What did she reply? That’s what I’m really interested in. The character is a product of its and the author’s time; Jim’s common sense is a product of the author’s message. The former is history, the latter is the future (or so the author intended). Am I correct in believing, then, that the former was so put off by the former that she couldn’t see what the author was doing with the latter?
How can it be addressed, then? What can we do about the works that have important messages but that aren’t palatable to some people because they do represent turbulent times in history?
…in fact (I’m thinking aloud again), do we have to do anything about that? There ARE “watered-down” works, not nearly as heavy, with similar messages. Maybe we should accept that people will navigate towards the lighter-stuff if they’re uncomfortable with the heavier stuff. Hmmm…
…and yet, it still bothers me to overlook a positive message in a book because of a negative depiction which usually is either historical or folklorish (historical in this case, but folklore has a lot to answer for as regards stereotypes). There’s positive AND negative. Well, if I felt the negative side outweighed the positive side, I suppose I’d have similar feelings…
Hmm. I suppose it’s only fair people should be able to choose what they wish to handle; gravitate towards the works that’ll have the messages they seek, or which they think they seek, and which deliver them is ways as not to hurt them. It’s everyone’s right to choose how to experience the world, and not have it shoved down their throat. Hmmm…
Ultimately, the best way to experience this big wide world of ours seems to be to a) develop a thick skin and b) to learn enough history and sociology (possibly as you go along) to make the best of it. a) is very easy to say, much harder to do when it’s a sensitive subject, and b) may be considered a synonim for “living”.
I don’t think that spending your life shielding yourself is a good idea (which “trigger words” and the “microaggression generation” seem to me to foster, as well-intentioned as the concepts are). Neither do I think you’re forced to have some stuff shoved down your gullet. Middle ground, middle ground, where’s the middle ground…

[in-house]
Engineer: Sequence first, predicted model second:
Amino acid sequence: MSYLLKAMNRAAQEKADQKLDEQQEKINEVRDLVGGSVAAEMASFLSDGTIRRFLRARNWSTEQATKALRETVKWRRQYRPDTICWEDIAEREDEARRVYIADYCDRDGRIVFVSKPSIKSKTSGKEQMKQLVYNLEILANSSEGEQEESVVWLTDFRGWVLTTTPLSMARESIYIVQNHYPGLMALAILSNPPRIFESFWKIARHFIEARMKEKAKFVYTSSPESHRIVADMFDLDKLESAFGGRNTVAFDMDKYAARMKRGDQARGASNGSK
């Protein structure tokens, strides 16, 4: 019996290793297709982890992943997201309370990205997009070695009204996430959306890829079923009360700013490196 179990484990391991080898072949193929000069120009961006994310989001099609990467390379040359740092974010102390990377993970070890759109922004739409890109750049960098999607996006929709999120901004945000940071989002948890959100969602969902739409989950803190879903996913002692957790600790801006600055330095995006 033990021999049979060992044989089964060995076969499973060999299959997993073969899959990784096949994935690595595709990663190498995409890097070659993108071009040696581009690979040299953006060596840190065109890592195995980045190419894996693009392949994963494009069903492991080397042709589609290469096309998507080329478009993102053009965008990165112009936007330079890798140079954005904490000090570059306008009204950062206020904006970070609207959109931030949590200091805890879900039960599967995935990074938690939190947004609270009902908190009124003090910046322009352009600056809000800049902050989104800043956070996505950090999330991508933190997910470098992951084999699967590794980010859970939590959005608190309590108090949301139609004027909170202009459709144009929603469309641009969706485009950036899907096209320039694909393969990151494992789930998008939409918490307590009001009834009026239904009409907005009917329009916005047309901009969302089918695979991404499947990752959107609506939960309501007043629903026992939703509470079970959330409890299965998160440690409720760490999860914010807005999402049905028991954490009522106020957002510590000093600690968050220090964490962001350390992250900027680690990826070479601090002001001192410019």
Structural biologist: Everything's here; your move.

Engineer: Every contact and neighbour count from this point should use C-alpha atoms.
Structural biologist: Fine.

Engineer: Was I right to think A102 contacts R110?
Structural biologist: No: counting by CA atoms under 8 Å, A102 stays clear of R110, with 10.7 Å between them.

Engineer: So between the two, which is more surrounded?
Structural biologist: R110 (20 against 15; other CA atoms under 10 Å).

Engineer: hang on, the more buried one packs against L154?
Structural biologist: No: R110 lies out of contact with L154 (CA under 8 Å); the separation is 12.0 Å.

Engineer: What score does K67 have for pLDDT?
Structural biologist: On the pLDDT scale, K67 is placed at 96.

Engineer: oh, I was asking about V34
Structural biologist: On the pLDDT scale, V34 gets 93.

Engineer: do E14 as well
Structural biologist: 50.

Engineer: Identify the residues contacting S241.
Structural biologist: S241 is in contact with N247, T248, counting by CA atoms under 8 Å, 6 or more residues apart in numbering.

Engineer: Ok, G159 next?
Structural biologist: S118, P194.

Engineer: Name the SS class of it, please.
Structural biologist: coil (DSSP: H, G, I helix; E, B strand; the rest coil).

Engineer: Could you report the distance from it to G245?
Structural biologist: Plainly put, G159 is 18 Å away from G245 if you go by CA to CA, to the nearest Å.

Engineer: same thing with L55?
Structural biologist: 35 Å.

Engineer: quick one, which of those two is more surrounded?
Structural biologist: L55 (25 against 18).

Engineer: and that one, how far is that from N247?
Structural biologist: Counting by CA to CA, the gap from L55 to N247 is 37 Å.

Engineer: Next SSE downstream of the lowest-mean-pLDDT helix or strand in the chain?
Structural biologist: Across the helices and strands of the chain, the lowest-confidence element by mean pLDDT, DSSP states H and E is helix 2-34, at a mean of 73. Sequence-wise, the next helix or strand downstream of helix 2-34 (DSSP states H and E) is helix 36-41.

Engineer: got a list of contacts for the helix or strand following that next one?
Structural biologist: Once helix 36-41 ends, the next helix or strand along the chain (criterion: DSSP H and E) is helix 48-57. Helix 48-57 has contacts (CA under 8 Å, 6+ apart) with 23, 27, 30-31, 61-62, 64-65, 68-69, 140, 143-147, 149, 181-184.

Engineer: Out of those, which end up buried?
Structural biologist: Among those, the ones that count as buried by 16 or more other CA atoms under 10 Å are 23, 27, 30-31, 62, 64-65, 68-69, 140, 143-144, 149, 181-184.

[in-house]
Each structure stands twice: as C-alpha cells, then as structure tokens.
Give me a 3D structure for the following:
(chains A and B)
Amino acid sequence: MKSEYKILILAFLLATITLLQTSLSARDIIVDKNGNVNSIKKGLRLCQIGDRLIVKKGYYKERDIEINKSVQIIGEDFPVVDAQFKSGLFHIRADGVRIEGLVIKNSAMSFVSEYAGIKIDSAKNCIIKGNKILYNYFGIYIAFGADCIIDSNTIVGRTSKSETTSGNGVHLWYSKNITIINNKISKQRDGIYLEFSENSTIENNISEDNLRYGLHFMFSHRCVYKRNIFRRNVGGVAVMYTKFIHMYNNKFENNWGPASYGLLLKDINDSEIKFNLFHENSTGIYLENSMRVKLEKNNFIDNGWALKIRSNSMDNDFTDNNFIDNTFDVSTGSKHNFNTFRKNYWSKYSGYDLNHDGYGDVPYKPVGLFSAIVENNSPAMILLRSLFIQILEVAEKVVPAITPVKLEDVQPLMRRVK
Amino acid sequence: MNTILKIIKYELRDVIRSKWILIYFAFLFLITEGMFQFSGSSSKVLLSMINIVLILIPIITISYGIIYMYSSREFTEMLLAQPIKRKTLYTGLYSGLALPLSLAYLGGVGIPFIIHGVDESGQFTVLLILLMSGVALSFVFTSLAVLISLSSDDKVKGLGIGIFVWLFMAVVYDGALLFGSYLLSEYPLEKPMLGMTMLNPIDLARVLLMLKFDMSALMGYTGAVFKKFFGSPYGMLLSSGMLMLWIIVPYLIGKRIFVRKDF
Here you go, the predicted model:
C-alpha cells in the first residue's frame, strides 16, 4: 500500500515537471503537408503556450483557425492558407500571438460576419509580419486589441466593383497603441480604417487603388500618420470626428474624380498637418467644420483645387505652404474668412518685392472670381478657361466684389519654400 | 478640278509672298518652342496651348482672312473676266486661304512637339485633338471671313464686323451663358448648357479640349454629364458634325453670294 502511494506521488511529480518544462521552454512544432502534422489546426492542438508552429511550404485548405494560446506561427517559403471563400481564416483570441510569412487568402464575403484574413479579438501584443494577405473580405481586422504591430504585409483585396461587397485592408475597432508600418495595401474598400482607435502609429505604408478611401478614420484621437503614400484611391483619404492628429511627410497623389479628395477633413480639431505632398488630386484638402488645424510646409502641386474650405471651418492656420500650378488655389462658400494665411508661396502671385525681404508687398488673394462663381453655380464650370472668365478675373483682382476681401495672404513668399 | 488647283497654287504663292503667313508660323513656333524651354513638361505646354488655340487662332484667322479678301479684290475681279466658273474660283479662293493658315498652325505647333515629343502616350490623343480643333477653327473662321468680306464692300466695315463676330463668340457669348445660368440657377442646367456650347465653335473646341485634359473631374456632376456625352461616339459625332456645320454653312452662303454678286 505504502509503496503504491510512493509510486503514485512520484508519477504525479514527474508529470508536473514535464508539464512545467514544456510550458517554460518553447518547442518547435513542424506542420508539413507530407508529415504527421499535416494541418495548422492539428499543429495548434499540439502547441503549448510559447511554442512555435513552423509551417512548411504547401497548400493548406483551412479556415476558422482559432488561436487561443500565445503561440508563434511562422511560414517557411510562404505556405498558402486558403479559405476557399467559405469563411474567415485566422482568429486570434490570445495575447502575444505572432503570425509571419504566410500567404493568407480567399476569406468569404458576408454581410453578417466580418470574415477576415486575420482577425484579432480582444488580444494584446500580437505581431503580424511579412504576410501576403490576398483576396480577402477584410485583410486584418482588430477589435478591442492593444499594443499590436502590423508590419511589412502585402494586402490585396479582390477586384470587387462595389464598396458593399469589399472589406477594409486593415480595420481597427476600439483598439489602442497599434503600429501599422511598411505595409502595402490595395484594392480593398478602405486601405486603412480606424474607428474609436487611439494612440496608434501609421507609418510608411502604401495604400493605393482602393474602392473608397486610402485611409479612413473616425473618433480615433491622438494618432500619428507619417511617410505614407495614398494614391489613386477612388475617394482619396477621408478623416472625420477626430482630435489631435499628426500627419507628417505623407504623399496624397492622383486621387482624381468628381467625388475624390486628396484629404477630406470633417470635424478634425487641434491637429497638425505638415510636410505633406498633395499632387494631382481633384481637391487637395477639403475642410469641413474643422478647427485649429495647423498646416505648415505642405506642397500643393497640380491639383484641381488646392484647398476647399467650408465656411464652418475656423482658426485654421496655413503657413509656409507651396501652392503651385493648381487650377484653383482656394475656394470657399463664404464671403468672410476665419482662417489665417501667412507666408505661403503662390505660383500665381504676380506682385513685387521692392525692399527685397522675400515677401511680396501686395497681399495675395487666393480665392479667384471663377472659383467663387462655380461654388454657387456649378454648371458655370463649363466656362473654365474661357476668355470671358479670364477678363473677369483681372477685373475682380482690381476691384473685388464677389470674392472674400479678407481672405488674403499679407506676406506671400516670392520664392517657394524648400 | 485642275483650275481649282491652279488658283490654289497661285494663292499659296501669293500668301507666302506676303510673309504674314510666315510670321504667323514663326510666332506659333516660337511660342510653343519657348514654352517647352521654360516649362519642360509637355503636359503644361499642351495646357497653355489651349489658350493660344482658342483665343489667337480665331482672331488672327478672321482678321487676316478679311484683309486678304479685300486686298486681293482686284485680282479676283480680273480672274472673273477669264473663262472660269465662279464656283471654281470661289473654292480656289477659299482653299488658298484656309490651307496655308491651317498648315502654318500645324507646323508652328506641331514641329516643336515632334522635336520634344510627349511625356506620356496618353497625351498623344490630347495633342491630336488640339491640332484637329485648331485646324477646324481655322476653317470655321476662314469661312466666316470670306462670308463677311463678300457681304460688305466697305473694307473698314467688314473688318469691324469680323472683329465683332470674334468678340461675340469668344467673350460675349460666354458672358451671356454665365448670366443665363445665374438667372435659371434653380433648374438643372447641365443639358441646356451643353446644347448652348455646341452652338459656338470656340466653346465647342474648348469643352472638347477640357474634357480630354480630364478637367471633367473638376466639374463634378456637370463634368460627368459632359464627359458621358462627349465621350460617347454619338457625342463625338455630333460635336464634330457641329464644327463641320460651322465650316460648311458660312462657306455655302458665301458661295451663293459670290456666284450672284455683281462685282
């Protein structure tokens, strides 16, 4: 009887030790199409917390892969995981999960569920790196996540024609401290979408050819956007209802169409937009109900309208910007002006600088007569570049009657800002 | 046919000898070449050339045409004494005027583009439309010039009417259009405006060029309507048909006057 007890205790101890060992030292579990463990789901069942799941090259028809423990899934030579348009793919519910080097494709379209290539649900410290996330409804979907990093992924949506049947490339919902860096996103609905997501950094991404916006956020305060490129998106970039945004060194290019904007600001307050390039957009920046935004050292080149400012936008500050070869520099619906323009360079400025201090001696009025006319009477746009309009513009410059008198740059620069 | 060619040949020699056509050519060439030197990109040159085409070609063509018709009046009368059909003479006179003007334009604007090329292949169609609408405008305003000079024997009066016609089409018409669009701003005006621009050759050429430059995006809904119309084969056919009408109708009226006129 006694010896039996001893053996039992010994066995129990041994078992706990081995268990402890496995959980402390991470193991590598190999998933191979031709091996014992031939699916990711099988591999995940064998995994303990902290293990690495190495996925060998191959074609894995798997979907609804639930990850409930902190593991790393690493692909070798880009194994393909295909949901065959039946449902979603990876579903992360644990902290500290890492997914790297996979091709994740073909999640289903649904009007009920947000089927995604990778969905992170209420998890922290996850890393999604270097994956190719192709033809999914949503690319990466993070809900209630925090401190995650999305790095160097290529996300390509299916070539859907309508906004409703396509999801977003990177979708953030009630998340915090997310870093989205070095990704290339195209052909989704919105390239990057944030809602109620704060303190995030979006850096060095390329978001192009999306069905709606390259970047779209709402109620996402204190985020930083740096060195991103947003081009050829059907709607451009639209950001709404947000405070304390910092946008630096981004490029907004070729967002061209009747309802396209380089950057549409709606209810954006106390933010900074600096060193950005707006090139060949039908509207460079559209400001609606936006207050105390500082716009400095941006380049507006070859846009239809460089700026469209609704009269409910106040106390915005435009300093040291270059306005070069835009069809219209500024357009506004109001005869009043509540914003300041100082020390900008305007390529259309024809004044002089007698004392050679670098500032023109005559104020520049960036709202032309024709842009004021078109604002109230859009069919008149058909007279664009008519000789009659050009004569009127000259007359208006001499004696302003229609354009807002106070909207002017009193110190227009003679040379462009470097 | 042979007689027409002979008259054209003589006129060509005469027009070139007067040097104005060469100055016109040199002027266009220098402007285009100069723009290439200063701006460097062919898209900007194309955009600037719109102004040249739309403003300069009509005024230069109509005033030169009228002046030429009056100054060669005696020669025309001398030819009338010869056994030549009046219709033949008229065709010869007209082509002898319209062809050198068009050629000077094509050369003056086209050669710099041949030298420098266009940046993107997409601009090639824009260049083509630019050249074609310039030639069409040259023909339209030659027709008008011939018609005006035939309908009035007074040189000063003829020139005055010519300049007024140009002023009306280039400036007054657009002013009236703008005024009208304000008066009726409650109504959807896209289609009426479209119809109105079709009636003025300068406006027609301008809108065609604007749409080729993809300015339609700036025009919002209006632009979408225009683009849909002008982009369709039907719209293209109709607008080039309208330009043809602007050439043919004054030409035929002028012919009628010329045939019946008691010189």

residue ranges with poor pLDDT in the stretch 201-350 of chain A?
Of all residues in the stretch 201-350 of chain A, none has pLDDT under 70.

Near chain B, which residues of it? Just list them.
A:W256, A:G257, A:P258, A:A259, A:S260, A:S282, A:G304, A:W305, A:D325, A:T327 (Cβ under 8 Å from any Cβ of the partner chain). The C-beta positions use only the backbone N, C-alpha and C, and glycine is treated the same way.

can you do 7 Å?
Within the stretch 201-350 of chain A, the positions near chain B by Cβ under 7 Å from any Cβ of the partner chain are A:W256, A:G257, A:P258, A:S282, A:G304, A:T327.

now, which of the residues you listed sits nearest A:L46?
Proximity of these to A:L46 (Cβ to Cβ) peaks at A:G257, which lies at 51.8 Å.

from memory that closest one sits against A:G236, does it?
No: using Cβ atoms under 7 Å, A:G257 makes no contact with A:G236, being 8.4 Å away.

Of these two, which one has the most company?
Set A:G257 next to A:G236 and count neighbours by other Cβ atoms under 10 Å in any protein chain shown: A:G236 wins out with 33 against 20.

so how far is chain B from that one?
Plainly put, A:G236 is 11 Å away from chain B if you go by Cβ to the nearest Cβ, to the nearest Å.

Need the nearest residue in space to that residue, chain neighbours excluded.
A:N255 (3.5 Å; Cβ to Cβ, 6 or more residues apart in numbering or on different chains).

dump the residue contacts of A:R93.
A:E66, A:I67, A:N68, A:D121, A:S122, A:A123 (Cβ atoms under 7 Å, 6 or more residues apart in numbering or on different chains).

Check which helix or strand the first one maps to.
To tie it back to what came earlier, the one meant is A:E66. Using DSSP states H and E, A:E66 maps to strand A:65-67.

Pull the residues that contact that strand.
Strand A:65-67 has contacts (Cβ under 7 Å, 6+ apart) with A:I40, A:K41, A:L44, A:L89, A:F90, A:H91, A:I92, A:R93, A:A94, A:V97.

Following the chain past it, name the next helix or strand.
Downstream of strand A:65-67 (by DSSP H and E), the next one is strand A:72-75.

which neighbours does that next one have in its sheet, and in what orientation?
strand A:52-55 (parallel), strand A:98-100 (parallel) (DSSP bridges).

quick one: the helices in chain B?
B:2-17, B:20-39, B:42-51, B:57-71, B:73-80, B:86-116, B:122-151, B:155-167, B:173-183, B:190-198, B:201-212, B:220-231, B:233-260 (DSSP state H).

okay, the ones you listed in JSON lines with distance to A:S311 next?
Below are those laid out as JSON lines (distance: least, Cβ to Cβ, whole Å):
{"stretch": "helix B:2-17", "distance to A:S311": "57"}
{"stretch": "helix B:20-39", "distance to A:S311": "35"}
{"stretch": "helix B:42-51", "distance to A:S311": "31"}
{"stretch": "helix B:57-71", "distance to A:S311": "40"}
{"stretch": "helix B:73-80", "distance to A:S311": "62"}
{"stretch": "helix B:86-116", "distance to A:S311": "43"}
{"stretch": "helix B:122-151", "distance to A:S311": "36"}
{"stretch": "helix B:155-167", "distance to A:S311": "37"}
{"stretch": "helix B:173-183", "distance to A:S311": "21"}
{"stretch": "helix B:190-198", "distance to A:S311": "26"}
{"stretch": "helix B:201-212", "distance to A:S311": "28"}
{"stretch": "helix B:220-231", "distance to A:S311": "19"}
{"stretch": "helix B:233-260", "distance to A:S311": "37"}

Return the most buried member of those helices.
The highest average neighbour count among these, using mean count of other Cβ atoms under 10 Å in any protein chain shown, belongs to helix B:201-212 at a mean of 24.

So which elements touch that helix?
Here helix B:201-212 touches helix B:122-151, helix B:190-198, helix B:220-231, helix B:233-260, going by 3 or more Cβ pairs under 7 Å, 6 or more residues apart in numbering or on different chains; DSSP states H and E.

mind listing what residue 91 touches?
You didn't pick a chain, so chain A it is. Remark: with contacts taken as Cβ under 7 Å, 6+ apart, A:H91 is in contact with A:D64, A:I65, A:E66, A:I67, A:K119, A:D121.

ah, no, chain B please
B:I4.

Makes sense. Mind you, that’s not usually what happens. I have yet to see someone say “I do not want to have this discussion”. What usually happens is “You’re wrong”, and “you’re a horrible person”, and “you are hurting me, you monster”, and “you’re an oversensitive expletive”, and so on and so forth.
Let’s take a forum as an example! I didn’t post this in IntFiction because it was totally without context, and would have been ramming a topic down people’s throats. Whereas we’ve been talking about this sort of thing, there’s threads about it, and participation is voluntary. (I also held off actually PMing someone about it, because I wasn’t certain it would have been a good idea, and I’m now glad I held off)
If I started a thread about this and I got greeted by silence… everyone would have been very comfortable and absolutely no progress would have been made. I would certainly remain in the dark, and would probably go on to offend people or to force my points of view without realising it.
So, I understand your point - but I’ll agree to half-disagree. Talking about it is always the best option. Not unconditionally, of course - it may not be the TIME to talk about it, or the PLACE, or the WAY (in which case, saying as much is good idea!). But in the end, if people don’t talk about it, no one’ll get anywhere. Humans aren’t mind-readers, and sadly tone of voice and body language don’t travel well on the internet, and this is an internet, text-heavy world.